Paul Stoddart - Minardi owner and team principal in 2001
    When I bought Minardi at the end of 2000, Fernando was so enthusiastic. He was in the factory helping us to build the car - we only had six weeks and three days to get to Melbourne.

    He was there for many of the late nights and early mornings. Even the 12th-place finish that he took for us at his first race in Australia was outstanding. The car had been thrown together and he just went out there and wrung its neck.



    Andrea Stella - Ferrari and McLaren race engineer, 2010-18
    Our collaboration over the years was very positive, and straight away he had quite a lot of trust in the people around him. He was relaxed and open to our way of working at Ferrari. He's also very charismatic and it was an enjoyable time together where we'd make jokes and talk about arranging a game of basketball next time we were in Maranello.

    To be a winner you have to be a fighter. I don't trust those who want to look like angels because without that fighting quality you won't succeed. This is part of his character that can make him difficult, but he knows what he is capable of. Occasionally, you have to tell people things they don't want to hear because there are other egos at play.

    I think he is much cleverer than me. In the race I'd say "we need to do something" and he'd come back with an answer I'd never have thought of. And he could do it while driving.



    Bernie Shrosbree - Human performance director at Renault in 2002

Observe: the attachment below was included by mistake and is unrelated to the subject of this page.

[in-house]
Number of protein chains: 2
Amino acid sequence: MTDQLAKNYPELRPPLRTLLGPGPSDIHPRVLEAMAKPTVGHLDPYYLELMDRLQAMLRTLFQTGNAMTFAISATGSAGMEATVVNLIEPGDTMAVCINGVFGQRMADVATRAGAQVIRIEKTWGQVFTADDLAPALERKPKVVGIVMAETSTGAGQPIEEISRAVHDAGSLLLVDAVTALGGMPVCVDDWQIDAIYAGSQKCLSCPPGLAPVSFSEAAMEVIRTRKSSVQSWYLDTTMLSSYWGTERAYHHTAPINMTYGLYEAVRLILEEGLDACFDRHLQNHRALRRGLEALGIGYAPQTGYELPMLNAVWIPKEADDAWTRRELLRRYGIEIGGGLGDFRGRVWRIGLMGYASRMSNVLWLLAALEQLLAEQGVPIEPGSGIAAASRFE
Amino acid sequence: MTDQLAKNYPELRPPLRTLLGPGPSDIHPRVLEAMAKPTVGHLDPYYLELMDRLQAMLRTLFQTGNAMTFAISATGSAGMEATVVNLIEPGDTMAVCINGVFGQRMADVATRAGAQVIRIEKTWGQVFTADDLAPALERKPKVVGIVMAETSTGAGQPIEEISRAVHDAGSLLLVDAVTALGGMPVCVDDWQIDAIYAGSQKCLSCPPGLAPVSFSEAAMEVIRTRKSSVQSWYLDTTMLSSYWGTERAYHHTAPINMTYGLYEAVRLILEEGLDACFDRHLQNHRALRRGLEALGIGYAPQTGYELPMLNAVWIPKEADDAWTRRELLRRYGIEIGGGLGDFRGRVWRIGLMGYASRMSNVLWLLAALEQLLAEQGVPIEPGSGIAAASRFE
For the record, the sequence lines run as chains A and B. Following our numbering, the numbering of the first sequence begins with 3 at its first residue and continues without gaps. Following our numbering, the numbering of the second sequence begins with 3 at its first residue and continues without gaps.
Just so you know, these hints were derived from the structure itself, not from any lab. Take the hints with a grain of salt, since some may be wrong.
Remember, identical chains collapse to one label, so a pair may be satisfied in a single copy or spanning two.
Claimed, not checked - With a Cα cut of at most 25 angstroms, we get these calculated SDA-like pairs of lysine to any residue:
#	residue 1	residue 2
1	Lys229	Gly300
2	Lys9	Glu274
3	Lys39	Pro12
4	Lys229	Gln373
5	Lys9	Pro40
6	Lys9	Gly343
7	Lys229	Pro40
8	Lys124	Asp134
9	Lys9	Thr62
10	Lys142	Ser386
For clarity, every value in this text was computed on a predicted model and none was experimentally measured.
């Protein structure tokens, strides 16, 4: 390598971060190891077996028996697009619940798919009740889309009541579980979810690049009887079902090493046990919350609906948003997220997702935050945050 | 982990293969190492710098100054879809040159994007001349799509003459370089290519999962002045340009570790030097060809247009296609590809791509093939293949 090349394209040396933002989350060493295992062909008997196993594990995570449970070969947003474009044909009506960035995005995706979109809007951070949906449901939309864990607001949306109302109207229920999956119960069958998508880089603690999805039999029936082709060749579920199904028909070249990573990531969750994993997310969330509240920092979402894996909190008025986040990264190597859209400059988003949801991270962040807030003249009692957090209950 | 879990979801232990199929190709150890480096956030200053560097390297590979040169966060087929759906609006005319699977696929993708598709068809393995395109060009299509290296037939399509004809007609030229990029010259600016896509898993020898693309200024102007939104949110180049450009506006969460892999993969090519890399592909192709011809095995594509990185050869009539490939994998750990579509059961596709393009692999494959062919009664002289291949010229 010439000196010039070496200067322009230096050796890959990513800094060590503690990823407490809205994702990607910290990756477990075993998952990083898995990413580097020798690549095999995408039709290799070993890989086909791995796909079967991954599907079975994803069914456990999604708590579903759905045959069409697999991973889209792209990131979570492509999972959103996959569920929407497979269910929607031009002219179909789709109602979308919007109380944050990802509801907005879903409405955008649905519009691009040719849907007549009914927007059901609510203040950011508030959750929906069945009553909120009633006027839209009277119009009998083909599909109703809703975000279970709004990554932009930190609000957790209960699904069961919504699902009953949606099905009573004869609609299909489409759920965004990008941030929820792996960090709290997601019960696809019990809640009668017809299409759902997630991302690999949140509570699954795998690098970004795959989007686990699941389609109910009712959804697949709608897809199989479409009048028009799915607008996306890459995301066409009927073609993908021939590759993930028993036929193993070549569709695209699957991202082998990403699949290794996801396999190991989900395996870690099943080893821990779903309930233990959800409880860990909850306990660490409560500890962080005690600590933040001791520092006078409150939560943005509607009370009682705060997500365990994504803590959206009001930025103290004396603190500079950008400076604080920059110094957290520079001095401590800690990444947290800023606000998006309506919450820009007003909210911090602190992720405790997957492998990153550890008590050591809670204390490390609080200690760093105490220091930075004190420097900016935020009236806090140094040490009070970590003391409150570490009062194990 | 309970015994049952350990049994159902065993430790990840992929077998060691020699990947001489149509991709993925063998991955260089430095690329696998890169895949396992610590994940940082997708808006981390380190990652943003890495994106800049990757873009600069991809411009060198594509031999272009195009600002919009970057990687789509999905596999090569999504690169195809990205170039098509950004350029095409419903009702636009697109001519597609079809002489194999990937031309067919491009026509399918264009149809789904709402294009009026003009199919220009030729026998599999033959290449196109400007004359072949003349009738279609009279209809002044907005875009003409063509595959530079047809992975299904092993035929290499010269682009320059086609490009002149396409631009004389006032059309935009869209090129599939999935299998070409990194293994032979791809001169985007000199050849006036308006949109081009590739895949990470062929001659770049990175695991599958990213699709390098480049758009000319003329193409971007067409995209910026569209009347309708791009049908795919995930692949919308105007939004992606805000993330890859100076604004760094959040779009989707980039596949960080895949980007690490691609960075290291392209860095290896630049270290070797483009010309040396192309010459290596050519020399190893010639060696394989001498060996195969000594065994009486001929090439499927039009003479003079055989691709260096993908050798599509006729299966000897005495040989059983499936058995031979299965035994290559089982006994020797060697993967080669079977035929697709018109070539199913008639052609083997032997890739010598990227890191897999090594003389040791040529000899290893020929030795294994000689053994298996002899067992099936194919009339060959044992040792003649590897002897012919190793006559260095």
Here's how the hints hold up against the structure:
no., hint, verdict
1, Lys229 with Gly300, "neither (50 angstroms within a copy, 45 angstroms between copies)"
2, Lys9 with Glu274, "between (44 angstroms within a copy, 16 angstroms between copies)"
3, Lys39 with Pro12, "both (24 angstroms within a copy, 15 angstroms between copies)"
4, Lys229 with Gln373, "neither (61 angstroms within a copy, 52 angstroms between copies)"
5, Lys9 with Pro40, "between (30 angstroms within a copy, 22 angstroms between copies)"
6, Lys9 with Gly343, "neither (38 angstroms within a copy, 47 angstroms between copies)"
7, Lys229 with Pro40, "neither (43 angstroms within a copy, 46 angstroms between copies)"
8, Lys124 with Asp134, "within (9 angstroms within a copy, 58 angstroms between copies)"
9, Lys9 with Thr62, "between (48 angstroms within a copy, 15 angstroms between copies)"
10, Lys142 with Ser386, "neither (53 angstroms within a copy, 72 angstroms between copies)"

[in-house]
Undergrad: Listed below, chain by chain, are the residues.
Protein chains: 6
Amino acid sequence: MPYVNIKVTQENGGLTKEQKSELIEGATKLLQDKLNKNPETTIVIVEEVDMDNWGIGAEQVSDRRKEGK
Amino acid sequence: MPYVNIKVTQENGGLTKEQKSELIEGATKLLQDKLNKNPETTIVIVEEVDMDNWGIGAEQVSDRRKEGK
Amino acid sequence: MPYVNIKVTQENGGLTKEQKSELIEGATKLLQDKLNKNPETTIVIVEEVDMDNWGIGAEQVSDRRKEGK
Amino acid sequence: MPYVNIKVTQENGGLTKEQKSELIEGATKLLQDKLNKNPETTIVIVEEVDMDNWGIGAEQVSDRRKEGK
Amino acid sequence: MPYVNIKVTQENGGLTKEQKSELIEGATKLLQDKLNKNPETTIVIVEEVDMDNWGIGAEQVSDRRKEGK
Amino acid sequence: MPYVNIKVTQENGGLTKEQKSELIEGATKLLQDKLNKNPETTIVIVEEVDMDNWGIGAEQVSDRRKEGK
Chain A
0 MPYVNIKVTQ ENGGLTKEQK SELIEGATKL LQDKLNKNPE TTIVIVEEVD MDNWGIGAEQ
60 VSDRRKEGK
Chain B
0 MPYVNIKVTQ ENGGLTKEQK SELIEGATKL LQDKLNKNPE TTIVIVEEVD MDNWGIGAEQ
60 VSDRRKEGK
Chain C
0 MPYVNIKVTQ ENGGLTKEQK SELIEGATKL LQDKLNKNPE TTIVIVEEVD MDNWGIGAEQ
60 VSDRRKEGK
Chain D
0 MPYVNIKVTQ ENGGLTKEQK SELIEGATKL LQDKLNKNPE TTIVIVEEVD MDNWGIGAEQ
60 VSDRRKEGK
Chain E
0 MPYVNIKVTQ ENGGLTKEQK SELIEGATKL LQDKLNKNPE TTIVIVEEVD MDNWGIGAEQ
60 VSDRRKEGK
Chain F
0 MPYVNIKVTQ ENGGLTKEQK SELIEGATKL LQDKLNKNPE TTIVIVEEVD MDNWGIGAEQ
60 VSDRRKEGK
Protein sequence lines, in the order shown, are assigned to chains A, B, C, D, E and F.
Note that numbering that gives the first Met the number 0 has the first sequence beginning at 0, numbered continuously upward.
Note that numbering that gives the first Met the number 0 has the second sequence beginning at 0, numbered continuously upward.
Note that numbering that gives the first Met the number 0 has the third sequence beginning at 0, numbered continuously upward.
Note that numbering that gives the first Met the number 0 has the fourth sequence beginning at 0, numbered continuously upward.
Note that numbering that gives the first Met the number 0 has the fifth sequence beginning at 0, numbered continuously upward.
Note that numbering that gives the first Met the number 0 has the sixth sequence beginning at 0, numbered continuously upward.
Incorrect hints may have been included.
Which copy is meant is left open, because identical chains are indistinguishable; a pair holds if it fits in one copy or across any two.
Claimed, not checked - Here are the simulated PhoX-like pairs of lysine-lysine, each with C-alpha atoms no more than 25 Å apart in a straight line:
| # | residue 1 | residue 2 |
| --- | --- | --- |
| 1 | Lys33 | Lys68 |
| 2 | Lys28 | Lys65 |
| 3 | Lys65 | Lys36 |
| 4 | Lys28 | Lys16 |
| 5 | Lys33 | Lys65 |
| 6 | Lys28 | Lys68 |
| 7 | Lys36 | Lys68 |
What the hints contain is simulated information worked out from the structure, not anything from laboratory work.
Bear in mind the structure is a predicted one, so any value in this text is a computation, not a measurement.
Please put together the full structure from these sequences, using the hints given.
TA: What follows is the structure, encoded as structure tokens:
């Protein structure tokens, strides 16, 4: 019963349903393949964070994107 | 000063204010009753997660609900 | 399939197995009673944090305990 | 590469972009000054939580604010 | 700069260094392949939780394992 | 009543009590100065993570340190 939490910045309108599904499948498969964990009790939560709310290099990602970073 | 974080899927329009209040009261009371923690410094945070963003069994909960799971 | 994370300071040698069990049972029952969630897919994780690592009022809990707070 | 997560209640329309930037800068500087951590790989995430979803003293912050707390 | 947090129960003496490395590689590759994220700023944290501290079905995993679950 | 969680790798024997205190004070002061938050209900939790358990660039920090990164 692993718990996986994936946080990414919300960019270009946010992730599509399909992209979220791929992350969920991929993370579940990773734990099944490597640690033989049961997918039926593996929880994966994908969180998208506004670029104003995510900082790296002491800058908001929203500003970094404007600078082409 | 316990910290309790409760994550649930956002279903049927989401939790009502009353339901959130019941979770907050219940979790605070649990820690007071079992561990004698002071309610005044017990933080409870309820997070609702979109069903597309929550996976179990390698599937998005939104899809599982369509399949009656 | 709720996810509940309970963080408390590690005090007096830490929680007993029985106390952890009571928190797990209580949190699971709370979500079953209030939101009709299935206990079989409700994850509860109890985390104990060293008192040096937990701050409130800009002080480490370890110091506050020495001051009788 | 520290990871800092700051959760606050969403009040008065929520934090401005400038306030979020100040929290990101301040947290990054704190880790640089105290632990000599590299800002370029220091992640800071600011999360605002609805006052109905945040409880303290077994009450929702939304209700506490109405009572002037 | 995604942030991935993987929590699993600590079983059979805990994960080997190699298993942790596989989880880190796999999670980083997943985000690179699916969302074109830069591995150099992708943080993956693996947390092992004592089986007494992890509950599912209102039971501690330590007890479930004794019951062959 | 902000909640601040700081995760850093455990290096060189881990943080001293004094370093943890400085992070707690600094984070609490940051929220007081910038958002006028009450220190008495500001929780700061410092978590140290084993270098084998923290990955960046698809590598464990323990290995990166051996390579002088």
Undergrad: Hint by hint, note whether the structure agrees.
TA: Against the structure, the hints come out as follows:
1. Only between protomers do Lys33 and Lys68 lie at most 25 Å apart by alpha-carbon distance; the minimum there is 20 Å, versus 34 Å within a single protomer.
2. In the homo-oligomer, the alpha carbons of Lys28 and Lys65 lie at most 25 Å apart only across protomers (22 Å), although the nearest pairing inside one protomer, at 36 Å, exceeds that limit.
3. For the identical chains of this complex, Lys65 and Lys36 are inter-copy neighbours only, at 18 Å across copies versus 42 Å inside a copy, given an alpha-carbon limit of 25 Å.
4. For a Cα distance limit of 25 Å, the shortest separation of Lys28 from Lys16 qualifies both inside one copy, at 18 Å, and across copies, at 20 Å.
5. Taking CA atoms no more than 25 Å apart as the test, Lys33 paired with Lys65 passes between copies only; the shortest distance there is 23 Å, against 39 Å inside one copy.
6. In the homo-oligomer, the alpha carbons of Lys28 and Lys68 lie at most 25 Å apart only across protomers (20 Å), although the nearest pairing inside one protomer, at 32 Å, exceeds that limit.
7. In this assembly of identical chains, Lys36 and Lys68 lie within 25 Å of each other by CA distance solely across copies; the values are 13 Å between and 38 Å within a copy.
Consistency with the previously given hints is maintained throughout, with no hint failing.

He was a quiet lad; a reserved guy. We nicknamed him 'Droopy', after the cartoon dog with the sad-looking eyes. In 2002 he was a Renault test driver and was really unhappy he wasn't racing: he always had drive and determination.

    Some people found him tricky to work with, but sportsmen like him need to be strongly managed. He might have been let down by team bosses who lacked the necessary skills.



    Pat Symonds - Benetton & Renault technical boss, 2002-06 and 2008-09
    Fernando is clever but very laid back, and in the early days this could mask his intensity. In a briefing you'd think he wasn't paying attention, and then he would ask an incredibly pertinent question that showed he was really digging deep.

    There's a lot of capacity when he's driving, too. He set the fastest lap at the Canadian GP one year and was talking to us nearly all the way round the lap about some aspects of the race.



    Then there's the other side. At the end of 2006 we were fighting hard for the title, we were under a lot of pressure, and our competitiveness against Ferrari was decreasing. Then, out of the blue, Fernando did a press conference and just laid into Renault and slagged them off. It was devastating for the team and he lost a lot of friends.

    I don't think the team situation is important to him other than in terms of what it can bring him. He returned to Renault in 2008 because he was in a position where the only thing he could do was come back. Time and time again he leaves himself in positions where he doesn't have options.

    He's clever when it comes to racing, but in life he's not that clever. There are times in life when you don't do the best thing for that day, you play the long game. I don't think that comes onto Fernando's radar at all.